Drunk (?) in Love

With Doghead (the no holds barred bacchanalia to celebrate St. Patrick’s Day) rapidly approaching students are likely preparing their minds and bodies for the coming onslaught of alcohol. What they may not be aware of is recent research conducted at the University of Sydney on a brain chemical called Oxytocin (also known as the ‘love hormone’) that may be relevant to their preparations.

Michael Bowen (2015) and his colleagues investigated the effect of oxytocin on rats that had also been given alcohol and compared them to a control of sober rats. The researchers were surprised to find that rats treated with oxytocin showed non of the same drunken characteristics as their inebriated counterparts did, despite having received the same dosage of alcohol. The researchers used a variety of rat sobriety tests to measure the effect of alcohol on their system. These tests included a mesh-clinging test, where the rats were timed for how long they would cling to a piece of mesh; a pull-up test, where the rats had to roll from their backs onto their feet; and a free roam observation, where researchers simply took note of the rats behavior in an inclosed case. A video of the free roam observation is provided in the link at the end of this post. As you can see, the sober rats and the oxytocin treated rats are roaming around the space and exploring, while the drunk rat sits quietly in a corner (presumably evaluating its life and its choices). They found that on all the test the sober rats and the oxytocin treated rats performed significantly better than the drunk rats.

Bowen (2015) posited that the results were due to oxytocin’s ability to block alcohol from reaching the GABA receptors in the brain. While the blood-alcohol content would be the same in the drunk rats and the oxytocin treated rats, their cognitive functions were not noticeably impaired. While the study featured artificially manipulated levels of oxytocin, I wonder if in future research they could compare innate levels of oxytocin and correlate it with relative alcohol tolerance. While still in the early stages of research development I’m sure we can all appreciate the relevance of the hormones-alcohol relationship to a college campus lifestyle.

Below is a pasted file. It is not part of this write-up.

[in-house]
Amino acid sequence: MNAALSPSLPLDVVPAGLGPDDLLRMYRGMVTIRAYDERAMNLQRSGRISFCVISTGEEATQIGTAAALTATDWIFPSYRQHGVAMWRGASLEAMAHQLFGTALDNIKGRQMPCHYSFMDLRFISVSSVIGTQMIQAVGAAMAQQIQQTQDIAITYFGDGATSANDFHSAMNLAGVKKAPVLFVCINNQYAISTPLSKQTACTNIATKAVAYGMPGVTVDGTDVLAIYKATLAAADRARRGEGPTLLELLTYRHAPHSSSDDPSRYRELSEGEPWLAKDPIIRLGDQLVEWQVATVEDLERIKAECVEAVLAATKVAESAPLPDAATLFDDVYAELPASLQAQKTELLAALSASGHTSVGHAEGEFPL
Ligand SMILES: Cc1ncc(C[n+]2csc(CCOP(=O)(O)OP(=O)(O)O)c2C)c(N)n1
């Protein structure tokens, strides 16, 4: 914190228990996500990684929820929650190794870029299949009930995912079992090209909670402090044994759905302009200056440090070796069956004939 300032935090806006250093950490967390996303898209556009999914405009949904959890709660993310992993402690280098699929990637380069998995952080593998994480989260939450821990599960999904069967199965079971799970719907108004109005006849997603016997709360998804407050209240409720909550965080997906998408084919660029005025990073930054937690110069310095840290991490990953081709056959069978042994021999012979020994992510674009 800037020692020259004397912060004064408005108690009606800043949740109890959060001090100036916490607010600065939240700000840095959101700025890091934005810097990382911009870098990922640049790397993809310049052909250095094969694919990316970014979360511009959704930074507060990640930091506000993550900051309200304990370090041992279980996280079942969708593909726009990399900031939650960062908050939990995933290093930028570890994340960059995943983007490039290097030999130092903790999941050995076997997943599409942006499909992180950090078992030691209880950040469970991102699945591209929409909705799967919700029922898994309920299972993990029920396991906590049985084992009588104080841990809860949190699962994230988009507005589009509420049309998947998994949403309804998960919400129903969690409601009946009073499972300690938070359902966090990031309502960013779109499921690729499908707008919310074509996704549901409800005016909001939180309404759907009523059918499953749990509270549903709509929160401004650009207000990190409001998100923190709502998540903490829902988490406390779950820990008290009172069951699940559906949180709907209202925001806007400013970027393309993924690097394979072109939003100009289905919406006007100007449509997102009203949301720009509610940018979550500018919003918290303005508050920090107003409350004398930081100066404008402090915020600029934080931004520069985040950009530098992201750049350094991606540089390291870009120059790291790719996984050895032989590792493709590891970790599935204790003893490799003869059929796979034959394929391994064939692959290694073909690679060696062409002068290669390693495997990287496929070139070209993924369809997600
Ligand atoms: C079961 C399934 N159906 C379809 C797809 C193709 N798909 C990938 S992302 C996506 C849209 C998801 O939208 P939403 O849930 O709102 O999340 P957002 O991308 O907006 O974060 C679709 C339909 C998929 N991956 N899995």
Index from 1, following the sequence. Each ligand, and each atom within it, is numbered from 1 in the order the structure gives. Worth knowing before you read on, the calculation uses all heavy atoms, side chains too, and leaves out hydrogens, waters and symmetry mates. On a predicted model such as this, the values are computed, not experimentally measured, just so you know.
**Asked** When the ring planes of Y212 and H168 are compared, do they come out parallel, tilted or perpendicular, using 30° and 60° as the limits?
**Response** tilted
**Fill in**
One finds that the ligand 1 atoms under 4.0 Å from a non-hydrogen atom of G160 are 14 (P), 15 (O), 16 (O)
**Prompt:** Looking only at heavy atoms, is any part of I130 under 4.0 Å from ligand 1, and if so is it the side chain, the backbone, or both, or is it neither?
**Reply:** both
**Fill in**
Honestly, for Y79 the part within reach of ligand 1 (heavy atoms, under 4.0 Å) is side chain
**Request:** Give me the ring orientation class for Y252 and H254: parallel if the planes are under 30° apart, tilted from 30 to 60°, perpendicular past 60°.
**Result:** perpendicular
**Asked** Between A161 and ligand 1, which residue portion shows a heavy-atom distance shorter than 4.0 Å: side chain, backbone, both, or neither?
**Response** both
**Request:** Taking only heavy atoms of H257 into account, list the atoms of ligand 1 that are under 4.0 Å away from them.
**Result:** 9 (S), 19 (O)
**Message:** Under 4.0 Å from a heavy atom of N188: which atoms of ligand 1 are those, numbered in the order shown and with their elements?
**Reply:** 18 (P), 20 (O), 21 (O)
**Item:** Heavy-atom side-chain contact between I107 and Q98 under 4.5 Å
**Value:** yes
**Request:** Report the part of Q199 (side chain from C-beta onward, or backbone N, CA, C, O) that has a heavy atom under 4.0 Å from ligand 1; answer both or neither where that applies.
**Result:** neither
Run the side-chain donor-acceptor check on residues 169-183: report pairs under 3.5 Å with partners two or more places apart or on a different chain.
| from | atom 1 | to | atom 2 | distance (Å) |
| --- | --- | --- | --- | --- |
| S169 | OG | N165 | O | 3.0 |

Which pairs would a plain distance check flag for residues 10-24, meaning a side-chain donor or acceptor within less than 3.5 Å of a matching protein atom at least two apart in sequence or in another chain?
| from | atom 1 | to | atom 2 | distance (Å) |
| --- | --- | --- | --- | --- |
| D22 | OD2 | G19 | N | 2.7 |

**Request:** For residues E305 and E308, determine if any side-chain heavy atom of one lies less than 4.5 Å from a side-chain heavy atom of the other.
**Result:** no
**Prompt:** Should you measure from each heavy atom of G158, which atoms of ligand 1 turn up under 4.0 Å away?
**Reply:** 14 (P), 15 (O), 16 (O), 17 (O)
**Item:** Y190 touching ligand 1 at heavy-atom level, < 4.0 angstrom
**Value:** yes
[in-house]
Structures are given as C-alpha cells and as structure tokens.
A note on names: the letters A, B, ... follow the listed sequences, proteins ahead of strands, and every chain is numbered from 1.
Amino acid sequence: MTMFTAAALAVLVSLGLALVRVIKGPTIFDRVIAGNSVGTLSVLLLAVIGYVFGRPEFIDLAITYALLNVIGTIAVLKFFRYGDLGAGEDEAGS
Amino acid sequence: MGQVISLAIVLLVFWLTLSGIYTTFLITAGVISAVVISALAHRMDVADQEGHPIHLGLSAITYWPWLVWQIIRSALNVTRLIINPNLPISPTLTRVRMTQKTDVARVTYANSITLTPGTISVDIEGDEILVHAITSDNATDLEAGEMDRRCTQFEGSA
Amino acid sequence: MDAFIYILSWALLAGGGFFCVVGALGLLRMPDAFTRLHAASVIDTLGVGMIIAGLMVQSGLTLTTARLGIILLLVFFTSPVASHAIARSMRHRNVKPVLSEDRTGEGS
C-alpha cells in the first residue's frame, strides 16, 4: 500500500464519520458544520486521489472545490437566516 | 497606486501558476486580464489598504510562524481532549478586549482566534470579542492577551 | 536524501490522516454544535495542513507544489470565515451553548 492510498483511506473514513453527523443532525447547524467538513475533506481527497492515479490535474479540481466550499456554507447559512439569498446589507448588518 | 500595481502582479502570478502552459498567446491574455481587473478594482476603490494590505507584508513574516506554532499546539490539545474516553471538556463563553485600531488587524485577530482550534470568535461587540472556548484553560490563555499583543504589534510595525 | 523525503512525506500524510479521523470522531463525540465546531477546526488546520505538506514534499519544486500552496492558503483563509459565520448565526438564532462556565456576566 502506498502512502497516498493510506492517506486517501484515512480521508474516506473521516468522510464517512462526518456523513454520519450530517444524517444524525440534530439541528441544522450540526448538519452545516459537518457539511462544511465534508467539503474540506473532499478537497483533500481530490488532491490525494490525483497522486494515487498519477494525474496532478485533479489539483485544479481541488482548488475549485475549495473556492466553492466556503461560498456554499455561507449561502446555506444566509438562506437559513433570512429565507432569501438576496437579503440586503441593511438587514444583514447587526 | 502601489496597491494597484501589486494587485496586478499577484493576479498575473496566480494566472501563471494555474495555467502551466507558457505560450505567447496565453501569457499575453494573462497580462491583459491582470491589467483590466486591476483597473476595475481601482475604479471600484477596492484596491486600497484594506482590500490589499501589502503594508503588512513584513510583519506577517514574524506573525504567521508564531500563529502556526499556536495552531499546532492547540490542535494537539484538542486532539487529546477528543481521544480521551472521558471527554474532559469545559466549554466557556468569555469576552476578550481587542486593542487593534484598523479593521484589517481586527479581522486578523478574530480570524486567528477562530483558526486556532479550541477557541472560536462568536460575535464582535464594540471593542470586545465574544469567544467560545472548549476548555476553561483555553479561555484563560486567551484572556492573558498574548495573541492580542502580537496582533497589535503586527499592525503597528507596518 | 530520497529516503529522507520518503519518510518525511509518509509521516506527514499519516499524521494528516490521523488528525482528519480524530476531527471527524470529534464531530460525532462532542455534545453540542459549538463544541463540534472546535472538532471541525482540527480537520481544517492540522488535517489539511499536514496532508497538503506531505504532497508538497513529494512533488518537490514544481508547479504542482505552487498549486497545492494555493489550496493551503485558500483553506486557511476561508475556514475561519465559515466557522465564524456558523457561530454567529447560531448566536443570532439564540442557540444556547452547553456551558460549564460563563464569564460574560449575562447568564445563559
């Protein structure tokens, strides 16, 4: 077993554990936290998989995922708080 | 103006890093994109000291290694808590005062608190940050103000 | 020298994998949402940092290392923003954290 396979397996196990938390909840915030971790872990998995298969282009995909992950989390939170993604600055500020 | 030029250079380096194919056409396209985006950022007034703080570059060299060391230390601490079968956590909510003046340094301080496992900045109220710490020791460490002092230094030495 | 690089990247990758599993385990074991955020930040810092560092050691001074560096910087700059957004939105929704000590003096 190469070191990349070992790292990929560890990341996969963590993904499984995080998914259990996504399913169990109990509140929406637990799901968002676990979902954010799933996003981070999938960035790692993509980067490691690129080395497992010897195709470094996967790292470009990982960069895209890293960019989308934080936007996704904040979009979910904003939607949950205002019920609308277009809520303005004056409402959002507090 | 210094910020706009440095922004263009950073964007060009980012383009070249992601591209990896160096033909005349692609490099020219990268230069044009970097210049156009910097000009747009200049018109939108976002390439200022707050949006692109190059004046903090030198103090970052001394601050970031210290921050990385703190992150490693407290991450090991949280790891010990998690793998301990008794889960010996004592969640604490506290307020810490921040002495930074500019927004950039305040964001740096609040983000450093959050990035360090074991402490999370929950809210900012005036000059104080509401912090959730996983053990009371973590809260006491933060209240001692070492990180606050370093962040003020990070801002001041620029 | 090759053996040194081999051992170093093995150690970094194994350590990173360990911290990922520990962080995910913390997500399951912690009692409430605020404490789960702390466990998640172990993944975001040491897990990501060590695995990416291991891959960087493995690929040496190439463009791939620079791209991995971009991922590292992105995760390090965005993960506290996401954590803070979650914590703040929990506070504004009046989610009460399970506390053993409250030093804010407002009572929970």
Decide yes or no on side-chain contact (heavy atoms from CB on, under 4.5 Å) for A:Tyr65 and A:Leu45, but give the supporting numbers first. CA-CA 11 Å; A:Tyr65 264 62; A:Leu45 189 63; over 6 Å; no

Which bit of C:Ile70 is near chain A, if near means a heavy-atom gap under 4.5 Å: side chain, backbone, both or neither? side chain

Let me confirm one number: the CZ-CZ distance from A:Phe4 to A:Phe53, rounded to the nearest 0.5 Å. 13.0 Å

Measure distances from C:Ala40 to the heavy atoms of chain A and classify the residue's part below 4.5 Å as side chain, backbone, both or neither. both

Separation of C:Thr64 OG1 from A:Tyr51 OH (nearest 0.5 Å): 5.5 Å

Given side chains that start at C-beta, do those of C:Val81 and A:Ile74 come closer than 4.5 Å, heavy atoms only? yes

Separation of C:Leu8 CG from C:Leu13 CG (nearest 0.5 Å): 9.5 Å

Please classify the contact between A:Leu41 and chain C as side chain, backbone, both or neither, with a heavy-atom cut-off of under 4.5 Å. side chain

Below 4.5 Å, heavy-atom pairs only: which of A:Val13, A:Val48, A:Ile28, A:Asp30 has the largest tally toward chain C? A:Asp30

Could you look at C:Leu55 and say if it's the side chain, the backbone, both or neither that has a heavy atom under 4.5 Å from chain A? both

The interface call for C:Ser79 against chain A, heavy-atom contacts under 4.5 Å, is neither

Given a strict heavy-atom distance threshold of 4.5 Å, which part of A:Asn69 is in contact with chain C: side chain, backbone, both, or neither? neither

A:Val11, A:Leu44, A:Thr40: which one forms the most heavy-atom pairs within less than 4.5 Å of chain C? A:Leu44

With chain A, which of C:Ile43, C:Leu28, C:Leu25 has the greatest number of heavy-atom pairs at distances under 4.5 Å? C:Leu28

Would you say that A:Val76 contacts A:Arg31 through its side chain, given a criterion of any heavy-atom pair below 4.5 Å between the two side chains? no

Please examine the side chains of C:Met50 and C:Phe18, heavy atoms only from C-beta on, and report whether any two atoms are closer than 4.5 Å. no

Video of Drunk Rats:http://www.livescience.com/49946-love-hormone-sobers-drunken-rat-in-study-video.html

 

Source:

Hall, Shannon. “‘Love Hormone’ Sobers Up Drunken Rats.” Live Science. February 25, 2015.

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2 thoughts on “Drunk (?) in Love

  1. This was really cool to read about, considering that in our Biological Basis of Behavior class, we all just learned about alcohol and what it could do to inhibit or activate certain neurotransmitters in the brain. We learned that if GABA is blocked for any reason, then it loses its ability to stop dopamine from being released. So, if oxytocin is able to inhibit GABA, then this means that more dopamine will be released in the rats who were sober and the rats who received oxytocin, than in the rats who just received the alcohol. We also learned that at low doses of alcohol, GABA can be inhibited, but at high doses of alcohol, GABA is allowed to restrict dopamine release. So, could it be that the rats who were given alcohol were given high levels (for them), and so dopamine was not released and they showed signs of being drunk? I guess I am just wondering about what dopamine’s involvement in this study could be, (although this was probably not the purpose of the study). It seems to me that they are just testing the motor effects that occur on the rat brains after receiving alcohol, oxytocin, or nothing at all. I would love to know more about how oxytocin specifically allows for the deterioration of motor movements that alcohol normally has on the brain, to be bypassed.

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  2. I found this really interesting, especially considering that a fair amount of people in college tend to drink to make talking to the opposite sex easier. If oxytocin tends to “sober” us up, then are we actually being ourselves when we interact with someone we like? Are the effects of the alcohol just in our head at that point- a placebo effect? It isn’t out of the question because I know there have been studies where participants were given non-alcoholic beer thinking it was real beer and still exhibited drunken behaviors. I think it would be interesting to see how big of a part oxytocin plays in this interaction in humans. Would the levels of oxytocin released be of any significance?

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